by David N. Rosen
Cut, no. 6, 1975, pp. 7-10
It’s clear that a central aspect in the critical analysis of a film (or any work of art) must be an appreciation of its historicity. This principle is based on the assumption that the film and its meaning reflect the cultural environment of its time and place. To be aware of the historicity of a given film, then, requires some awareness of the specific complex of factors—social, political, economic, psychological, etc.—informing the sensibilities of artists and audiences at the time of the film’s creation and initial presentation.
An interesting effort along these lines is Gerald Peary’s “A Speculation: The Historicity of KING KONG” (JUMP CUT, 4), which interprets the giant ape Kong as a conservative RKO’s very skeptical symbolic assessment of the New Deal, with the adventurer-promoter character Denham representing FDR. I believe, however, that a historical appreciation of the film should be expanded to include some other themes, those of race, sex, and rebellion. I say “expand” because I don't believe it necessary to “refute” Peary’s interpretation in order to present this one. Symbols can be overdetermined, that is, represent more than one idea.
It doesn't require too great an exercise of the imagination to perceive the element of race in KING KONG. Racist conceptions of blacks often depict them as subhuman, ape or monkey-like. And consider the plot of the film: Kong is forcibly taken from his jungle home, brought in chains to the United States, where he is put on stage as a freak entertainment attraction. He breaks his chains and goes on a rampage in the metropolis, until finally he is felled by the forces of law and order.
The causative factor in his capture and his demise is his fatal attraction to blonde Ann Darrow (Fay Wray). As Denham says in the last words of the film, “Oh, no, it wasn't the airplanes. It was Beauty killed the Beast.” If we look at KING KONG in terms of a racial metaphor, “Beauty” turns out to be “the white woman.” This kind of theme is foreshadowed in the behavior of the “natives” on the island where Kong is captured. When he first sees her, the “Native Chief” offers six of his wives for Ann, and when this is refused, he kidnaps her. Thus the sequence of events leading to Kong’s capture is set in motion: the romantic lead,/hero of the film, Jack Driscoll (Bruce Cabot) and Denham organize a rescue party.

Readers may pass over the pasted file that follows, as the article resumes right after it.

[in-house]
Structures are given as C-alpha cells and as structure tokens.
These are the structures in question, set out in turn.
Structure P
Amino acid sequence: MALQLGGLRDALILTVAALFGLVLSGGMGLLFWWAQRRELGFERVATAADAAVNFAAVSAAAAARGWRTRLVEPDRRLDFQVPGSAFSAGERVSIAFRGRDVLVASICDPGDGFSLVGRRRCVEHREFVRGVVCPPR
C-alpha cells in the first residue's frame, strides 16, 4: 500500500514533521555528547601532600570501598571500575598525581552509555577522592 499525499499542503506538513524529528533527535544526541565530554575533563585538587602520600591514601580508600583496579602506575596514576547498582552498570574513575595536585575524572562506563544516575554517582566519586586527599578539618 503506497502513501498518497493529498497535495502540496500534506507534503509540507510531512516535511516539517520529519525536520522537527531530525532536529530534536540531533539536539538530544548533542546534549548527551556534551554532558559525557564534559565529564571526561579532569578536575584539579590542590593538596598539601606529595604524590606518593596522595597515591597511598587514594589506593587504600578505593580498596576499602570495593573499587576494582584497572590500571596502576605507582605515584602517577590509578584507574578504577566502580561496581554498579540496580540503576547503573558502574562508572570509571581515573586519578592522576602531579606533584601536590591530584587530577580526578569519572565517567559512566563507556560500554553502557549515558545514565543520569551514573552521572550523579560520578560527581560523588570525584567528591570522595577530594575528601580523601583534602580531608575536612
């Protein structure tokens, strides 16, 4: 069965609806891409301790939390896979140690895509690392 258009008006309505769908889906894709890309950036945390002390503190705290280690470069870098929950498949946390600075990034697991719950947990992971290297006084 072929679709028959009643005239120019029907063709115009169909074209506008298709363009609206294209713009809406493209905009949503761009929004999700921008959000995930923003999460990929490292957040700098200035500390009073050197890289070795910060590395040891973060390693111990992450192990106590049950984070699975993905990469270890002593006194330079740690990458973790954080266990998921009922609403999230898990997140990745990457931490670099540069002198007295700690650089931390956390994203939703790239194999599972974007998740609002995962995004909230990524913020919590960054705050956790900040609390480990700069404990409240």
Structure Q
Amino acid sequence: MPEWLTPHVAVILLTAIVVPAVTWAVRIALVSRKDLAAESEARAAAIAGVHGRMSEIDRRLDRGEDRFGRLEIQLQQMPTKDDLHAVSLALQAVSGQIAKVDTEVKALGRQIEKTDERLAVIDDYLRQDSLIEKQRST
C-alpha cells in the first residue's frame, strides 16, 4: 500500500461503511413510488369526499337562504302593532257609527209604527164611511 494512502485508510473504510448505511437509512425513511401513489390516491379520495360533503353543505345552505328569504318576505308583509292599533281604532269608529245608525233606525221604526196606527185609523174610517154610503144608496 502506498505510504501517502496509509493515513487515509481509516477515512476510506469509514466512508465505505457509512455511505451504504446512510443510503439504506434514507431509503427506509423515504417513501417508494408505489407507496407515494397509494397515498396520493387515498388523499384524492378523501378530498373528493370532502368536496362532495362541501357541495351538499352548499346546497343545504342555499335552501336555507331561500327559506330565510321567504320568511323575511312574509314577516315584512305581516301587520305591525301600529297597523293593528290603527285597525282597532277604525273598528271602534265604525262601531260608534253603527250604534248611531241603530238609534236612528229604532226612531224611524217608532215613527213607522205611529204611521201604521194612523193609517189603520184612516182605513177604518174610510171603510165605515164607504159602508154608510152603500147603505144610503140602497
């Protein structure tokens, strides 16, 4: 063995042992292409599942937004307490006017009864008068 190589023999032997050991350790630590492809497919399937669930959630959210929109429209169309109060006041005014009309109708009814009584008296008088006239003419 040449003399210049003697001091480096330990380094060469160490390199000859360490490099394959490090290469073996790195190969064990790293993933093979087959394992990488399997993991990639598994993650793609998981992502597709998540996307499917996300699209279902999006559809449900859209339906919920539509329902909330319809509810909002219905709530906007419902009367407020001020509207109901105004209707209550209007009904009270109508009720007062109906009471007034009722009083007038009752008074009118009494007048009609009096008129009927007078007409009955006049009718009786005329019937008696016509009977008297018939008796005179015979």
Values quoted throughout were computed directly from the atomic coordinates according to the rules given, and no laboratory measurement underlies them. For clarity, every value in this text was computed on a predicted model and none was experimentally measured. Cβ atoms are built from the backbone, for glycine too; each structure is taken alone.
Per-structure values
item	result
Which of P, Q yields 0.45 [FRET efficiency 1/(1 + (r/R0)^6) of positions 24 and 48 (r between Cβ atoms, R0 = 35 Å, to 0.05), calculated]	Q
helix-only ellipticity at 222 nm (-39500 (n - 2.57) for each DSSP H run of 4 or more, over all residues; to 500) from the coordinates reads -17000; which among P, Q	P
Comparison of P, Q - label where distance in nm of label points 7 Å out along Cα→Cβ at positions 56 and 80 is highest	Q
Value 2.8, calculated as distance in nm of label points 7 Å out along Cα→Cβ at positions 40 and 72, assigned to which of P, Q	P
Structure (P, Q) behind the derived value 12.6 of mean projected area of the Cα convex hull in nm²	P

This type of plot device is a recurrent element in films of the jungle adventure genre. The white woman comes along on the safari not only to provide romantic interest. She is usually a focus of tension between the white males and the “natives,” furnishing an opportunity for some of the former to display their virile heroism against the savages. An alternate scenario involves the search for a legendary white woman reportedly living among an obscure, remote tribe, for example, TRADER HORN (MGM 1931). In both cases the “natives” view the white woman as a special kind of fetish with magical powers. In those instances where the white woman isn't fetishized by the “natives,” the very opposite treatment of her provides an index of their barbarity—they lack a special standard of mercy for women characteristic of civilized peoples.
Aside from the sexual aspect implicit in the question of race, there’s the more direct, and somewhat delirious, sexual imagery in the film. The ape often functions as a most appropriate anthropoid symbol of “lower,” “animal” instincts. In this case we have a giant ape (literally a huge, hairy monster) and his unrestrained, headlong pursuit of a “blonde,” that archetypical Hollywood sex-object, ending on top of the world’s foremost phallic symbol.(1) The sexual theme touches on the standard racist myth of the black male’s exaggerated sexual potency, and the complementary notion of his insatiable desire for white women.
As stated above, to locate these interpretations in a historical context requires that we ask questions about the specific events and trends influencing the attitudes of the film’s creators and audience. A survey of the post World War I period in the United States or, for our purposes, the fifteen years between the end of the war and the release of KING KONG in 1933, reveals a period of increasing racial and social tension.
During the war period the movement of blacks from rural to urban areas intensified, and migration continued through the l920s, resulting in increased racial friction in the cities. In 1919 numerous race riots broke out, the most well-known being that which began in Chicago in July 27. What was most significant about these riots was their widespread occurrence (six major riots, twenty other racial disturbances in the summer and fall of l9l9) and the fact that blacks were fighting back, as indicated by the Chicago statistics on number of whites killed and injured, which is cited as a major factor in accounting for the particularly violent character of the riots.(2)